“I’m a boxer-counter-puncher. I use the jab well, my left hand is strong. I like to think I’m a nice, smooth boxer. I know I’ve got the talent; I’ve just got to use it.”
“Training is going great. I’ve learned that I need to throw more punches and get in better shape and keep my hands going and not relax too much. I have to just let my hands go, come forward and put combinations together.
“I know my opponent is a slick boxer and has a good jab, but I’m confident in my skills as a boxer. I won’t disappoint in this fight.”
“I’ve been in the gym a long time preparing for a fight. I thought I might have one in December, January or February, so I’m in shape. I have a few more days to dial it in and sharpen up.
“I train at Ike & Randy’s Gym in Paterson, N.J. I’ve been sparring all types of guys, Kendall Holt, whoever is in the gym. I was working a little bit with Monte Barrett, the heavyweight, Ronald Ellis and Pawel Wolak. I’ve been getting good sparring.
“I pressure my opponents. I have good range–good height, long arms. I like to keep people on the outside of my punches and pressure them from the outside and throw combinations where I can hit them and they can’t hit me.
“Brooker fought on the card that I fought on last February in Allentown. That’s the only time I’ve really seen him. He’s a strong, stocky guy, throws punches and comes forward. A tough guy, not the most skilled fighter, but he works hard. No disrespect, but I’m a better fighter.
“I think this is a great opportunity to showcase myself and my ability. I am excited and I look forward to Feb. 19. I’m ready. I’ve got to make a name for myself. I think it’s a good fight.”
“I’m ready to put on another show. I am looking forward to the television exposure. I’ve been training hard. This is the fun part, the hard work is done. I want to thank my team, King’s Promotions and SHOWTIME for the opportunity to show what I can do.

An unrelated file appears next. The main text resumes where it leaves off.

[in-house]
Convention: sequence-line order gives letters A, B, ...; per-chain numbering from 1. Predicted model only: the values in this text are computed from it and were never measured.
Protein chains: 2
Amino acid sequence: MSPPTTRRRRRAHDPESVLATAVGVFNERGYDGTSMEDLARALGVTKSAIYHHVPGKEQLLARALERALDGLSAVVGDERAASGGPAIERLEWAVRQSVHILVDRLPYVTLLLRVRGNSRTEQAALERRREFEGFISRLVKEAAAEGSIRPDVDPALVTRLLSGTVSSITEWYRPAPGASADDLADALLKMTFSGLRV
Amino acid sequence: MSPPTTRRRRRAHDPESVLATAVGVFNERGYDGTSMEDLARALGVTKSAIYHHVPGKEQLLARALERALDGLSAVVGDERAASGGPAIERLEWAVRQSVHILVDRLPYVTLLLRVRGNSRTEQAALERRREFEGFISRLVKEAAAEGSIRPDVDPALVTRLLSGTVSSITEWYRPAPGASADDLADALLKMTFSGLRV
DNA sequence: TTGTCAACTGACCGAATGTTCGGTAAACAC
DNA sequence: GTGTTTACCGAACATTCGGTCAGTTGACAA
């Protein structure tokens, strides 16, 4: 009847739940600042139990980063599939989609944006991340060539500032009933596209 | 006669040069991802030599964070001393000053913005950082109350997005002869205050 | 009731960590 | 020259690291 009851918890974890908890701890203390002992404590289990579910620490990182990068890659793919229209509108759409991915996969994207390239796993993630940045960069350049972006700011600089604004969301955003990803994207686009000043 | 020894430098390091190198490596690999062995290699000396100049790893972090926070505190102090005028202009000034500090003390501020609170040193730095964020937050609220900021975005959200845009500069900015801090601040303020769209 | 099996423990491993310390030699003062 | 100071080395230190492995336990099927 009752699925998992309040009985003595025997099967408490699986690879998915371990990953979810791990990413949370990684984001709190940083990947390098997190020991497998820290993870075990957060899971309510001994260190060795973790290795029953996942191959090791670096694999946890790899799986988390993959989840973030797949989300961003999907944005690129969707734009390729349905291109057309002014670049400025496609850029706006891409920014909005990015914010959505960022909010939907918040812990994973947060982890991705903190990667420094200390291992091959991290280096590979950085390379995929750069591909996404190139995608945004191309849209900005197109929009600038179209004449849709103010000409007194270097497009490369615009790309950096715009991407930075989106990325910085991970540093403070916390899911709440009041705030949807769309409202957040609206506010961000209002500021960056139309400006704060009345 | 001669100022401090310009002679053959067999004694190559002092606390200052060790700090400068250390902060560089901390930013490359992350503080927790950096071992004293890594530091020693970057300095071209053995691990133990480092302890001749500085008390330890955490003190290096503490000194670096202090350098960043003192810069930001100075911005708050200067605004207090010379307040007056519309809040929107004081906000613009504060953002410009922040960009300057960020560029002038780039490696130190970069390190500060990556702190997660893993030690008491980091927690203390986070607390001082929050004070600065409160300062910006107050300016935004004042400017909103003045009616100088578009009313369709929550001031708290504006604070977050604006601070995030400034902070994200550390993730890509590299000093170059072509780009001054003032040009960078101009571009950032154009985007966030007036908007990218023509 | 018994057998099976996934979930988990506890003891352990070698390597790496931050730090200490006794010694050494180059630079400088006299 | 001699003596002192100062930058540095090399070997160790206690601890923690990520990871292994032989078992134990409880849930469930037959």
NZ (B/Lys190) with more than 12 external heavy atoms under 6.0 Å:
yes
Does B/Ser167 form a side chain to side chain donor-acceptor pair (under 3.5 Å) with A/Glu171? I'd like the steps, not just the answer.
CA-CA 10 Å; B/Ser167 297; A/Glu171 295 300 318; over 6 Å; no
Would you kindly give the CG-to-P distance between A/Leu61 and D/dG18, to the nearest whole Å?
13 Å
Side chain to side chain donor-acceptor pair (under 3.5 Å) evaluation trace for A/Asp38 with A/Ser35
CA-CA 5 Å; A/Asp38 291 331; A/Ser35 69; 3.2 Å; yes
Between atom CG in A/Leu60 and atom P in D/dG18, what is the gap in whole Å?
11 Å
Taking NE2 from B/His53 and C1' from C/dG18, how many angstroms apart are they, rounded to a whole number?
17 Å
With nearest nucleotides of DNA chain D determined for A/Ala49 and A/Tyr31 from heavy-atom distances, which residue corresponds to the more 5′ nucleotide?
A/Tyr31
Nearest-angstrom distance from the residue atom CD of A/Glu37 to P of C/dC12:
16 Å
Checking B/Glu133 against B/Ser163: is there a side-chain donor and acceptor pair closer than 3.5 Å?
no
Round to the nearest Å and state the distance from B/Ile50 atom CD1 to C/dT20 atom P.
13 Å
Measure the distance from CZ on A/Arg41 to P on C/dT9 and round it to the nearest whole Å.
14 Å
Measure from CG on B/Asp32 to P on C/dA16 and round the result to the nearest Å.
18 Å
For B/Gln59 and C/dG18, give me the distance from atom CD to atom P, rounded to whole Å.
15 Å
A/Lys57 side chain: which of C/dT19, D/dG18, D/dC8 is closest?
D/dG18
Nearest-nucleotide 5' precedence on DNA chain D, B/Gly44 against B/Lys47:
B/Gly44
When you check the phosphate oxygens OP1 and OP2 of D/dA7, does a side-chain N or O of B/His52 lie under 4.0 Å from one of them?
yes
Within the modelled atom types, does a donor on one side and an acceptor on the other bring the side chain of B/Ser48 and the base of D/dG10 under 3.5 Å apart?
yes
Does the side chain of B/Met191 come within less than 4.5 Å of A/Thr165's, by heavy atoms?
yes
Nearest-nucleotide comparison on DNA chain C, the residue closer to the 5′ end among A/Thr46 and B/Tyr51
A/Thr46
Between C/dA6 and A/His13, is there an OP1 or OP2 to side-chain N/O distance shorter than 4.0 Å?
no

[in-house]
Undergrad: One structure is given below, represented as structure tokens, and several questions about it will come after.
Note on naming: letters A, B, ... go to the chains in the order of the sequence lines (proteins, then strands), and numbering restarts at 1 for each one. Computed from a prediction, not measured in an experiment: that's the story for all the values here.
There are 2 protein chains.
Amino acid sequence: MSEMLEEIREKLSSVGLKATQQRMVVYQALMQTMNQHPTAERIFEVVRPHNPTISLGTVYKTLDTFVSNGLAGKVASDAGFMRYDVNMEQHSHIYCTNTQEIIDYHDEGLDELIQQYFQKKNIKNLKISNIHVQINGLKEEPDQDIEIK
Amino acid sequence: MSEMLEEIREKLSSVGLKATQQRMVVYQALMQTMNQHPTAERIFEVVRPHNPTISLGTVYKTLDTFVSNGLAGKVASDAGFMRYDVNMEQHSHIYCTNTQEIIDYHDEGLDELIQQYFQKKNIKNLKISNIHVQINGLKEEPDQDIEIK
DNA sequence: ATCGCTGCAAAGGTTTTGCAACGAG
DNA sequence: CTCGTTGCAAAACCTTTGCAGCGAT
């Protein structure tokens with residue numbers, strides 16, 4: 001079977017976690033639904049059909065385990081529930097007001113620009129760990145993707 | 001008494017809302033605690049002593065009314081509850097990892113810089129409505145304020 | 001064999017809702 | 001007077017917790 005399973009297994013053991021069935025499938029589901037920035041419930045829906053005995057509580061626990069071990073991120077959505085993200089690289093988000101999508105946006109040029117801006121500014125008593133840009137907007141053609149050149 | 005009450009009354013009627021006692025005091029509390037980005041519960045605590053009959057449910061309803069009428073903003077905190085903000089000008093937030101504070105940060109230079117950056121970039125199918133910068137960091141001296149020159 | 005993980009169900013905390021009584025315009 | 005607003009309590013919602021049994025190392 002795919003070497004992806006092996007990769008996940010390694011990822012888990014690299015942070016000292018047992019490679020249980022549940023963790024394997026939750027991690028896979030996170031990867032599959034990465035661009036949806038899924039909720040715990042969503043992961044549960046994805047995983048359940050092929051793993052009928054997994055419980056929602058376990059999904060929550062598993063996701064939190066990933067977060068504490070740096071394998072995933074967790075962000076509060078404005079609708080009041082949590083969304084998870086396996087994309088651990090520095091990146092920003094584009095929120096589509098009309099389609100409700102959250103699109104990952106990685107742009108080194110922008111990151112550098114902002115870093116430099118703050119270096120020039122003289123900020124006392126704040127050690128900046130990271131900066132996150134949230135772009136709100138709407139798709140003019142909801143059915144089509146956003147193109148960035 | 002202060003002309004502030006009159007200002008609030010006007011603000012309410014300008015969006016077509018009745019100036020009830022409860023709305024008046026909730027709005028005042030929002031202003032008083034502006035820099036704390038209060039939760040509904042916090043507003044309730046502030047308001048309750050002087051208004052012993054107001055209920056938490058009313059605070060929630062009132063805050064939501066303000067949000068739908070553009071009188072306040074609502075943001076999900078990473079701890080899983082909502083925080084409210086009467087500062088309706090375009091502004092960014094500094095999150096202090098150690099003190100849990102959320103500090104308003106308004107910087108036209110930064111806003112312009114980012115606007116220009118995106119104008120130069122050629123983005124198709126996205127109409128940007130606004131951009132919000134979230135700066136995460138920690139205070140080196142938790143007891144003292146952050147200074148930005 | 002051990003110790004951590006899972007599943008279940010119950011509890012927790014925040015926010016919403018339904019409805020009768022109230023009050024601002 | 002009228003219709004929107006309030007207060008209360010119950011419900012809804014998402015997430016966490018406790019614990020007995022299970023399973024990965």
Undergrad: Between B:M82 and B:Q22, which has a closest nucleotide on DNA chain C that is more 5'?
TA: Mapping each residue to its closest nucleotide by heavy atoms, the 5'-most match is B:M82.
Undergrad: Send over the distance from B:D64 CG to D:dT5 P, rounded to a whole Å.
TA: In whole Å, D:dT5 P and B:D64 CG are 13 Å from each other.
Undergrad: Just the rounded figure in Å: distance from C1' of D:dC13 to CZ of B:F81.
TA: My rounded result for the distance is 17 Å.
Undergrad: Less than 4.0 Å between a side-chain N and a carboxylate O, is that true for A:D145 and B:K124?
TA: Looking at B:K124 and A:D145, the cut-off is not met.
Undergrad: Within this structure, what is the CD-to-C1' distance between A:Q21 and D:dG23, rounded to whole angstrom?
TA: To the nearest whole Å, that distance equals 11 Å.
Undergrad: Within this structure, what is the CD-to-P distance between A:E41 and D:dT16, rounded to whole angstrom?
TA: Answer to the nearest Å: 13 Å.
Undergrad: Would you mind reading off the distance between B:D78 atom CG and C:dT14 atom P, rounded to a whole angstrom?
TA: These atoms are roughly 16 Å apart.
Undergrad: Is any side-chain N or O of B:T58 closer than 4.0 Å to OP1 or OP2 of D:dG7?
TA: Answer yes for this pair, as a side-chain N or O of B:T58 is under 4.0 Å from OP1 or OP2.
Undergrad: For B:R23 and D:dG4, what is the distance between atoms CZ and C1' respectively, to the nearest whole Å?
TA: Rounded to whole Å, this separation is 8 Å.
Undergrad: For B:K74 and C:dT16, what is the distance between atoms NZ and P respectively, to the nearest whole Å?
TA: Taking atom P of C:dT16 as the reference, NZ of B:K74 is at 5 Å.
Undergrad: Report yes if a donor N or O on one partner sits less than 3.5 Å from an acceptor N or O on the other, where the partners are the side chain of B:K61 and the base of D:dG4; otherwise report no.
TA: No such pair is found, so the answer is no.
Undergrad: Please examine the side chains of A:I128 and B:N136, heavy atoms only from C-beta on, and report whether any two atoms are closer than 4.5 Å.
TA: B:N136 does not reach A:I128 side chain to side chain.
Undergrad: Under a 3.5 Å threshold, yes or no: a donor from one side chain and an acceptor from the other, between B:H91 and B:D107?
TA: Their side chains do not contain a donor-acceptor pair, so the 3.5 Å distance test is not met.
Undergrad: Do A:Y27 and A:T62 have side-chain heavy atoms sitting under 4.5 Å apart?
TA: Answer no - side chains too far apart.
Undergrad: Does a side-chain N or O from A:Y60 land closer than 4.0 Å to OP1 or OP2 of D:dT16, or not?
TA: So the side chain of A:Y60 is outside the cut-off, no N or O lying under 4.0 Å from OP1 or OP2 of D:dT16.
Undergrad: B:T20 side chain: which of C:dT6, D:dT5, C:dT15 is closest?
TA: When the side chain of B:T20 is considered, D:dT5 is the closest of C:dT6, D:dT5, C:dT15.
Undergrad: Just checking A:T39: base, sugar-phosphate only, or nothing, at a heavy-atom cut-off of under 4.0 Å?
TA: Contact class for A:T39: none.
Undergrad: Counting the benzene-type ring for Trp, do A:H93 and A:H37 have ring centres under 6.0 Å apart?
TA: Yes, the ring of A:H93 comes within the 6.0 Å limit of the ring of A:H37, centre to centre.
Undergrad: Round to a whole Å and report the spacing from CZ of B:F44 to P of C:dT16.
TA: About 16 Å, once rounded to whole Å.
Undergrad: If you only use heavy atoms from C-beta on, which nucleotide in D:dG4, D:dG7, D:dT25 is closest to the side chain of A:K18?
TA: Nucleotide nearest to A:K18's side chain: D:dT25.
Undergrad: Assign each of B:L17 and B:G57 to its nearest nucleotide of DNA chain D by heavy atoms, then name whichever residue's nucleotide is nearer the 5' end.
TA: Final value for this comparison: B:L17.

“I train in Philadelphia. I’m in the gym every day. After my last fight, I took the weekend off and was back in the gym on Monday. Even if I’m working out light, I’m still in the gym working.
“Right now, I’ve been sparring with Anthony Miller. He’s a southpaw, a little shorter than my opponent, but I think he’s much faster, hits much harder and throws more combinations.
“My style surprises opponents; I go right in. My whole style is to keep my hands up, pressure the guy for 12 rounds, while hitting hard with every punch. My power punch stats were up last time, and they’re going to be up again for this fight. I threw 87 punches per round the last time, so I’m trying to throw at least 100 this time. I’m trying to break records.
“I looked at the guy I’m fighting. I like fighting southpaws. I was actually smiling when they called and offered me this fight. I’m ready. I won my last fight and the same thing’s going to happen this time. I just want to show off.’’
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Barry Tompkins will call the ShoBox action from ringside with Steve Farhood and former world champion Raúl Márquez serving as expert analysts. The executive producer is Gordon Hall with Richard Gaughan producing and Rick Phillips directing.